Virginia named in honour of, ib.;

leases Durham House to R., 31;

feelings towards Leicester, 32;

keeps R. from politics, 35;

R. supplanted by Essex, 35;

appropriates pirated fine raiment, 42;

R. restored to favour by, 43, 49;

praised in Cynthia, 45;

Spenser introduced to, 48;

commands publication of Colin Clout, 49;

happy retort of R. to, 53;

instals a pliable Bishop of Salisbury and receives fine from R., 53;

supports R. in Spanish plate-ship venture, 54, 59;

buys the 'Ark Raleigh,' 54;

vanity and resentment, 55;

recalls R. from Frobisher's fleet, 56;

discovers R.'s Throckmorton intrigue, ib.;

confines R. in Tower, 57;

R.'s letter of devotion to, ib.;

acknowledges R.'s marriage, 63;

works of travel published in her reign, 85;

irresolution to attack Spain after Armada, 88;

R. seeks reconciliation with, 100;

claims Cadiz prize-money, 101;

R.'s position with, 101, 103, 111, 115;

reconfers captaincy of the Guard on R., 103;

her custom to retire early to rest, 111;

festivities on her sixty-fifth birthday, 113;

sends R. to Ostend, 115;

confers Governorship of Jersey and Manor of St. Germain on R., 116;

Essex accuses R., Cecil, and Cobham to, 118;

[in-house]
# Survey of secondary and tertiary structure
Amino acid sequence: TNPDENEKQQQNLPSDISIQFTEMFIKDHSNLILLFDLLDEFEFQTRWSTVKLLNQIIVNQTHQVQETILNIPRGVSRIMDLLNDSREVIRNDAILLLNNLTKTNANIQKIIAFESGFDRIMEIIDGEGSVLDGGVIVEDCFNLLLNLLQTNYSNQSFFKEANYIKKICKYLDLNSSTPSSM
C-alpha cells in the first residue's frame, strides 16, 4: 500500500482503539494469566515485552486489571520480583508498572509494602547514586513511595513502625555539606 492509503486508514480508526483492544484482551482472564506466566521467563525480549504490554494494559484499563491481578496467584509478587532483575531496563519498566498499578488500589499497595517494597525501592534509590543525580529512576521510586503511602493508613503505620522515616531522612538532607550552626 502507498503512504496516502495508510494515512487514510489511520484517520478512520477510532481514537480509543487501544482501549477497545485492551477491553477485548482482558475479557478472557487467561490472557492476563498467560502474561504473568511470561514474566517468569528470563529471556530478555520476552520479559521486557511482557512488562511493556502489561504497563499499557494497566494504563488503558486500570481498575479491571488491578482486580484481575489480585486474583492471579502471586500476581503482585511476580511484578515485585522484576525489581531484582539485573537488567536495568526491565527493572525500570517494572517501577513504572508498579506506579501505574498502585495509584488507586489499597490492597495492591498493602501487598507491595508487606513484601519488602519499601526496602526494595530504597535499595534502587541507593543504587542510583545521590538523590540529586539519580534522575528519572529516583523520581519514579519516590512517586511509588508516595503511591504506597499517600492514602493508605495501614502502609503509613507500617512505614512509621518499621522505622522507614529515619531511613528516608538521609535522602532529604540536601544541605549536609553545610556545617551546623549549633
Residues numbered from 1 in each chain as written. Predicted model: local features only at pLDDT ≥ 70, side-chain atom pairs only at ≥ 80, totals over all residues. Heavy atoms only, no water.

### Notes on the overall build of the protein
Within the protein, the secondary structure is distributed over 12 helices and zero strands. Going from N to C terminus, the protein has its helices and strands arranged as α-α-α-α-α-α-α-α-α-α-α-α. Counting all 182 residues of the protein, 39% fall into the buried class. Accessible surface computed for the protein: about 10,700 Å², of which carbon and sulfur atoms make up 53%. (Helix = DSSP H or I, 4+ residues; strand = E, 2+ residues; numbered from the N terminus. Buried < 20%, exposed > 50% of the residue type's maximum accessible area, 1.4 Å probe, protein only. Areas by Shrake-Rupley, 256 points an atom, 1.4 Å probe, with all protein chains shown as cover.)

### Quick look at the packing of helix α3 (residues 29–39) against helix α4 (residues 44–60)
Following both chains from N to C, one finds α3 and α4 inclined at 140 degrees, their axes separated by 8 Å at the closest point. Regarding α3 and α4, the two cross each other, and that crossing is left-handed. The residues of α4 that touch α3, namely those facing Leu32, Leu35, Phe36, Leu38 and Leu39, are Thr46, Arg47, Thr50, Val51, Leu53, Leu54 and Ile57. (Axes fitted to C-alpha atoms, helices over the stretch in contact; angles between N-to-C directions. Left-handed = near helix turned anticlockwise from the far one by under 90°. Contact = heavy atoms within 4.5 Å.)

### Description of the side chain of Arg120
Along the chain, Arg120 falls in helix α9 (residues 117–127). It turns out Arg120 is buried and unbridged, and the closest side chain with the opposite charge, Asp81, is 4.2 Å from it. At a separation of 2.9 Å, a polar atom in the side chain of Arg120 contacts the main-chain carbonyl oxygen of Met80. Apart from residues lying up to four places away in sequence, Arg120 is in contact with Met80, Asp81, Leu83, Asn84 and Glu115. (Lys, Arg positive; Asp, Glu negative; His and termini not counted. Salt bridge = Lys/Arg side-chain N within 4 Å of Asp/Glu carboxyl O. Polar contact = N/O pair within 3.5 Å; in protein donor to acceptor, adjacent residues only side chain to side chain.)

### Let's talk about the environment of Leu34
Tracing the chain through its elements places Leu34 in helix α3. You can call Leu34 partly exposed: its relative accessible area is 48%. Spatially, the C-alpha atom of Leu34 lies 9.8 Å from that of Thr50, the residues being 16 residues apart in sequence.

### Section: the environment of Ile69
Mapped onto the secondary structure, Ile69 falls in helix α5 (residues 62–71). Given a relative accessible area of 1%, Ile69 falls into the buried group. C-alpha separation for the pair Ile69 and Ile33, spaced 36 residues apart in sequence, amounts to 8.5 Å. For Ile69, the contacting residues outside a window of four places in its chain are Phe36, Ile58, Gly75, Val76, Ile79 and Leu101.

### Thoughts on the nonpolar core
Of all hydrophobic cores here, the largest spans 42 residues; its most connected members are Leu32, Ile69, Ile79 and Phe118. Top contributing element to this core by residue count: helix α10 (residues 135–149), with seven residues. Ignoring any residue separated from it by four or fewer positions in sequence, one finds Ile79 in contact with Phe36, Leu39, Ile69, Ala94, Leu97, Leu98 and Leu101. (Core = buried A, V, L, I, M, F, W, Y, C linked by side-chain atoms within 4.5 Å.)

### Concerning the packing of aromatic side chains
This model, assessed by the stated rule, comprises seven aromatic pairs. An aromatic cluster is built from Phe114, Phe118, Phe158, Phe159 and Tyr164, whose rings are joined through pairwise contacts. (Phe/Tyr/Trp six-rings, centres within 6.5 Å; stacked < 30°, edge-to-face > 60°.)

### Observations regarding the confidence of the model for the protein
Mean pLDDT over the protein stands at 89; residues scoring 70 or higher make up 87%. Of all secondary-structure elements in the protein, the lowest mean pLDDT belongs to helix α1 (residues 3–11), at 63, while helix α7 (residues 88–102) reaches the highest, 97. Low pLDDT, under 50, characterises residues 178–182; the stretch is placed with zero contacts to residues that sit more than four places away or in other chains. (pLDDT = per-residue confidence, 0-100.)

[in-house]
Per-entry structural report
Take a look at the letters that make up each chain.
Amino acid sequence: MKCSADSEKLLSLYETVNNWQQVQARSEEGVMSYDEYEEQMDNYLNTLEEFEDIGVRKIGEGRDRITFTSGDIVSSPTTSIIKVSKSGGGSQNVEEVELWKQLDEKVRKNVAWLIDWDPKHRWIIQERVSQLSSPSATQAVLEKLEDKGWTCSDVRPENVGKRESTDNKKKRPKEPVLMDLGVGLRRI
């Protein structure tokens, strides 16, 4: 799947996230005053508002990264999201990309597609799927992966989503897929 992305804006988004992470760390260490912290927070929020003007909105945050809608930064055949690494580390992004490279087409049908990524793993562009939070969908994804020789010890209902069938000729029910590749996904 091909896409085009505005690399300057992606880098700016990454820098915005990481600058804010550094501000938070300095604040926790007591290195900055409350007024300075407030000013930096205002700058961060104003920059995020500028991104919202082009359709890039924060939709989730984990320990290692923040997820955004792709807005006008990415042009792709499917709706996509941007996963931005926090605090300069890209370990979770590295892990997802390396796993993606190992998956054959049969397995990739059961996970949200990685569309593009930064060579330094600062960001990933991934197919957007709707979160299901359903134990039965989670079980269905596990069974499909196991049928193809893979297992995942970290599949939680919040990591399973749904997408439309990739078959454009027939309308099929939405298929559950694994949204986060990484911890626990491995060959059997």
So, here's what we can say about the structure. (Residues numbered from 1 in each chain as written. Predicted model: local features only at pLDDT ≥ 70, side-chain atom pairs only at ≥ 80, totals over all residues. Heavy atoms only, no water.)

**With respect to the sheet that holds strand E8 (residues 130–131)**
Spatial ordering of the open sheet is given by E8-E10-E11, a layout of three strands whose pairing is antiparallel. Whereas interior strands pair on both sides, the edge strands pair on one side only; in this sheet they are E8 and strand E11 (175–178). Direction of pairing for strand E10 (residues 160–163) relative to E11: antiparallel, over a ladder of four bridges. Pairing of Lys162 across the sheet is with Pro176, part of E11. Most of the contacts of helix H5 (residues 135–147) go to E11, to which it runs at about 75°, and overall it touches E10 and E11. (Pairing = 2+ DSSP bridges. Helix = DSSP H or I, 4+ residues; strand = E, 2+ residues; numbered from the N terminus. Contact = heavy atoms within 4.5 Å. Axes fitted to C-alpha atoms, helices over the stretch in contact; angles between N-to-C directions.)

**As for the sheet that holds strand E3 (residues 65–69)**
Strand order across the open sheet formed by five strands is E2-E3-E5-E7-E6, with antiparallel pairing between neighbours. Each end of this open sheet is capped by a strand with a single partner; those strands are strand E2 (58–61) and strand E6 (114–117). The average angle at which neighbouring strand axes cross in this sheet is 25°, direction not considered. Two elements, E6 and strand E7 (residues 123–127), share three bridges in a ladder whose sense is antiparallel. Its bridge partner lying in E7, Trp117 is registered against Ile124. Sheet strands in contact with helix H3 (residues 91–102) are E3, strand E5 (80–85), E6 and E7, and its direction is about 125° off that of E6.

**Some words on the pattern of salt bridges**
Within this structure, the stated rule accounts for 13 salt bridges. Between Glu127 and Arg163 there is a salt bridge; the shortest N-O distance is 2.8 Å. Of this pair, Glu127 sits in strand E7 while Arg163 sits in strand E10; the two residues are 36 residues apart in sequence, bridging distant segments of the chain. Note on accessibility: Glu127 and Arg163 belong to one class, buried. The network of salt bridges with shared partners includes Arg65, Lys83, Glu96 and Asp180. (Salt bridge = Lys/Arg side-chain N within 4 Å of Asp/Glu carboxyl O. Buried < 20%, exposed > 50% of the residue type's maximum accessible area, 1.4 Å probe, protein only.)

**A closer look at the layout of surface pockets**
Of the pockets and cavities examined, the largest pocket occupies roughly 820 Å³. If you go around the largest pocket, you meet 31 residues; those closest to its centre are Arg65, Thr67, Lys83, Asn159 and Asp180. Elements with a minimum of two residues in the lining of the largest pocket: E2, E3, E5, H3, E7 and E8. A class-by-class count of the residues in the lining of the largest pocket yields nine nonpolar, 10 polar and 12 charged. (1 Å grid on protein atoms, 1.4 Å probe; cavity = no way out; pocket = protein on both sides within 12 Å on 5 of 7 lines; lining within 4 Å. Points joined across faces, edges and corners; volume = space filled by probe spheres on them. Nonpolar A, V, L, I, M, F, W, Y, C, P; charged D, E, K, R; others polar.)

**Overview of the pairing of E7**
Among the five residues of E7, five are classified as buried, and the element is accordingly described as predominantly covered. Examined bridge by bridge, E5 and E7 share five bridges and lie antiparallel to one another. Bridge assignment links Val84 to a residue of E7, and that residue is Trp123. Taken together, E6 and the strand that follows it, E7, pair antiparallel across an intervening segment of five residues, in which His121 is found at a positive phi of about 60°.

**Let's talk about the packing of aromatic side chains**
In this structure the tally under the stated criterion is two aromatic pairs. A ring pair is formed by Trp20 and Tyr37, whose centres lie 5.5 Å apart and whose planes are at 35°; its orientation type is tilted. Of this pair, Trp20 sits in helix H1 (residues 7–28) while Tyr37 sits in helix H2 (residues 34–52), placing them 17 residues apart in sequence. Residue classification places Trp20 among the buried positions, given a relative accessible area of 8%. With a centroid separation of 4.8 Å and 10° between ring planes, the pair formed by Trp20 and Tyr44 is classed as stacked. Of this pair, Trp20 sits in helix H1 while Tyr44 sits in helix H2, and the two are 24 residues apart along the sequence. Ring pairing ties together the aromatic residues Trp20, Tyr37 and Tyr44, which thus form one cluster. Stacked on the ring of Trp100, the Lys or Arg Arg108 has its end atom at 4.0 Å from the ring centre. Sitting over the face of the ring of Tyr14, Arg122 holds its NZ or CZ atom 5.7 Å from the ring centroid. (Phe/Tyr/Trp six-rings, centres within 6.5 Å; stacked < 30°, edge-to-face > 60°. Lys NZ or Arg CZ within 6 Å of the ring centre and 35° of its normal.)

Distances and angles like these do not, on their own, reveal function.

refuses communication with Essex, ib.;

said to have shown skull of Essex, ib.;

R. sends her a supposed diamond, 128;

interviews R. on Irish policy, ib.;

R. advises as to MacDermod, ib.;

her death, 129;

reference to, 186

Elizabethan poets engaged in Ireland, 10

El Nuevo Dorado, or Guiana, 66

Elphinstone, Sir James, eager for R.'s estate, 143

Elyot, Sir John, his Monarchy of Man, 217;

describes R.'s end, ib.

England, Breviary of the History of, 182;

Archbishop Sancroft and MS. of, ib.;

Samuel Daniel's share in, 183;

attributed to R., ib.

Epuremi tribe in Guiana, 78

Erskine, Sir Thomas, supplants R. in the Guard, 133;

his position with King James, 133

Essays, Bacon issues his, 85

Essex, Earl of, competes with R. for royal favour, 35;

demands R.'s sacrifice, 35, 36;

Court attacks on R., 40;

challenges R., ib.;

drives R. from Court, 42;

more friendly with R., 50;

perceives value of the Puritans, ib.;

his Protestantism, ib.;

to consider attack on Cadiz, 89;

his share in Cadiz expedition, 92-100;

captures library of Bishop of Algarve, 101;

presents it to Sir T. Bodley, ib.;

and Cadiz prize money, ib.;